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Reichenbach files police complaint, Sanchez b-test positive: Daily News Digest

by Shane Stokes

October 5, 2017

Moscon denies causing crash, Reichenbach lodges complaint with police and UCI; Report: Sanchez B-sample also positive; McQuaid: Cookson was told to get more involved with his presidency, but didn’t; Bassons: Nothing leads me to believe there haven’t been motors in pro racing; Roche to lead BMC Racing Team at Il Lombardia; Trine Schmidt joins Team Virtu Cycling; FDJ signs two young up-and-comers; Cycling.TV to stop in early November; Muc-Off launches Nanotube Chain with the promise of power savings; Video: Cyclist punched in face by motorist in Asheville, NC; Video: Sunrise to sunset with pro Chad Haga…a post-Vuelta adventure; Video: Junior Nations Cup at 2017 UCI Road World Championships

Bassons: Nothing leads me to believe there haven’t been motors in pro racing

by Shane Stokes

Christophe Bassons was a pro rider known for his integrity: now he’s working to catch those cheating the rules.

In the wake of his confrontation with a 43-year-old amateur who used a hidden motor in domestic French races, former pro Christophe Bassons has spoken with Peloton magazine about the rider’s arrest and confession, plus the wider problem of technological fraud.

Here’s an excerpt:

PELOTON: Obviously the problem for the image of the sport is that some suspect that, if a Category 3 rider is capable of putting a motor in his bike, then it would be even easier for a professional organization with much greater means to do the same thing. What do you think? Do you think motors have been used in the pro ranks?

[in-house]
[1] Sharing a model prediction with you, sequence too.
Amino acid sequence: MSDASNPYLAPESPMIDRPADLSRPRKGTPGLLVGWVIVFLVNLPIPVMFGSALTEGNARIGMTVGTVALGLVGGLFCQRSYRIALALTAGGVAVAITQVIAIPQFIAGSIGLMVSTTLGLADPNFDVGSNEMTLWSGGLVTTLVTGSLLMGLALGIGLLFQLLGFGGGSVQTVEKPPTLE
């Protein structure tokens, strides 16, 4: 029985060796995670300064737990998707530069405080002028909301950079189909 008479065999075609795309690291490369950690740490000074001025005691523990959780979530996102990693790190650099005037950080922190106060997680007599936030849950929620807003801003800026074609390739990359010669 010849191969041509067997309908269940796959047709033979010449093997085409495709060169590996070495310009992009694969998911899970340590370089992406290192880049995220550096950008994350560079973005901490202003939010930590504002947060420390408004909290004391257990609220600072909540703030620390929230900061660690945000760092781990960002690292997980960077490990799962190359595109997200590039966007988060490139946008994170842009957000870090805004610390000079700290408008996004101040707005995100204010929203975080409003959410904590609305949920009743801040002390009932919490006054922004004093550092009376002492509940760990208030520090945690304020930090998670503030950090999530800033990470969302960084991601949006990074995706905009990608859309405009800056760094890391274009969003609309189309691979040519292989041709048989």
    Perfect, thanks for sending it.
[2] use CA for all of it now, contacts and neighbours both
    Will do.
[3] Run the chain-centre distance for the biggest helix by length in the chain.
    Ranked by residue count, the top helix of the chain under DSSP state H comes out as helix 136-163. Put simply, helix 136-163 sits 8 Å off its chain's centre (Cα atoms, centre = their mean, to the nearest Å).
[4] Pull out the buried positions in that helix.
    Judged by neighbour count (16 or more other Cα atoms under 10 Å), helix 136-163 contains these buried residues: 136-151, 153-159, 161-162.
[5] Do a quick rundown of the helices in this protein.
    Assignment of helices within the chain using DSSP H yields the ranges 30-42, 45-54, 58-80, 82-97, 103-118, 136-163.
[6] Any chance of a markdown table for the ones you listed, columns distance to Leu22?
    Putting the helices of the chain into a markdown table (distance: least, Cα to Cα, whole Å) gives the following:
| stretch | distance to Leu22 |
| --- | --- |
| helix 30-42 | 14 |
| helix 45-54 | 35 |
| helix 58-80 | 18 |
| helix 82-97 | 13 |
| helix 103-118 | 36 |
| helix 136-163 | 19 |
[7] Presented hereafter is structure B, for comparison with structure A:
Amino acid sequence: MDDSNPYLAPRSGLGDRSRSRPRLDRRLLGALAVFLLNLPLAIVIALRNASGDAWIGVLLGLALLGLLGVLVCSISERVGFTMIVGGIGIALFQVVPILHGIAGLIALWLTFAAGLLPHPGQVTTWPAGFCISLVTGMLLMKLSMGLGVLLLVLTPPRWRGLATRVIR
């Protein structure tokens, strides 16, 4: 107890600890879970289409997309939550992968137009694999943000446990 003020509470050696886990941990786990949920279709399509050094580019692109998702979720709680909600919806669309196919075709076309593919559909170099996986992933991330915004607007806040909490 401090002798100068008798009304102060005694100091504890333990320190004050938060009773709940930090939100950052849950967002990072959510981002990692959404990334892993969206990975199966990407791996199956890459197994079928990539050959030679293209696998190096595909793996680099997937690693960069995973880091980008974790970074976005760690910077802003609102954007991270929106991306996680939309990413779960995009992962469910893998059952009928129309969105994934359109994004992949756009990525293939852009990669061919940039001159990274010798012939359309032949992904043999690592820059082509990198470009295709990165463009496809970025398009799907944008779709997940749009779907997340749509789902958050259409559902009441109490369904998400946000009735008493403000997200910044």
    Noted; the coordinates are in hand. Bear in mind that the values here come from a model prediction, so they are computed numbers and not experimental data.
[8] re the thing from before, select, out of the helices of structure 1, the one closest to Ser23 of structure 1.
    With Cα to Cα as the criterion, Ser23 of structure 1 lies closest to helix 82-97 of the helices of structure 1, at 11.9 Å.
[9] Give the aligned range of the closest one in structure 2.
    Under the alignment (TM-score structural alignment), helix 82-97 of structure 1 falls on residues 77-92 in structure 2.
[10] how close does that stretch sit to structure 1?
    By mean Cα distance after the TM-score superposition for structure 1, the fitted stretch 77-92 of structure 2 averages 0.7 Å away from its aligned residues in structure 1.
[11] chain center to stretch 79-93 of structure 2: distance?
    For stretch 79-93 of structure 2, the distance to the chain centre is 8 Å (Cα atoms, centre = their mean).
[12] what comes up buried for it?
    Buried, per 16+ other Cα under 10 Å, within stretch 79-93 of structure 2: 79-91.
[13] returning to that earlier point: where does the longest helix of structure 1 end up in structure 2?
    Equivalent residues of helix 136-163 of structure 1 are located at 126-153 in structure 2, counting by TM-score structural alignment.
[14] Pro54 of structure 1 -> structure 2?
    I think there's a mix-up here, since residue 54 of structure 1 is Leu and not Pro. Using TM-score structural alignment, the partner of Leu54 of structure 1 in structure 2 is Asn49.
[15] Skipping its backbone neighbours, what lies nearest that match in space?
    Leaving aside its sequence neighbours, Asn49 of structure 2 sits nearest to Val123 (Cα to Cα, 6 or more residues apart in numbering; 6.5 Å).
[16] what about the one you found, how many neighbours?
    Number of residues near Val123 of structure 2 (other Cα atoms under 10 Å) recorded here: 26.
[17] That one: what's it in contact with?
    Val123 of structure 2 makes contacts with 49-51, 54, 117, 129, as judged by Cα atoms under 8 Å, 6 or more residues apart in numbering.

Bassons: Well, I don’t see any reason why they haven’t been. And maybe there still are isolated cases today. I don’t know. But one thing is certain: The technology is getting more and more sophisticated. Fontayne [the amateur rider] used one of the first models, but the motors are getting smaller and smaller with batteries that are lighter and lighter, et cetera. Nothing leads me to believe that there haven’t been motors. Everybody wants to win in bike racing and, in addition to that, there is the financial factor at the higher levels of the sport, which obviously facilitates matters. But the one thing that really helps us in the fight against this kind of doping is that a motor is simply much easier to detect. If we want to find motors in bikes we can!

PELOTON: Do you feel that the methods used today are sufficient for detecting motors? At almost all the races now I see UCI officials scanning bikes….

Bassons: Well, I don’t think that the scans are reliable enough with the new kinds of motors, but it still is not hard at all to see a motor in a bike. All you have to do is take out the seat post and shine a light down the seat tube. It’s that easy. It’s a bit more complicated with wheels, but it is possible. And that is the good news.

Click through to read the full interview on Peloton.

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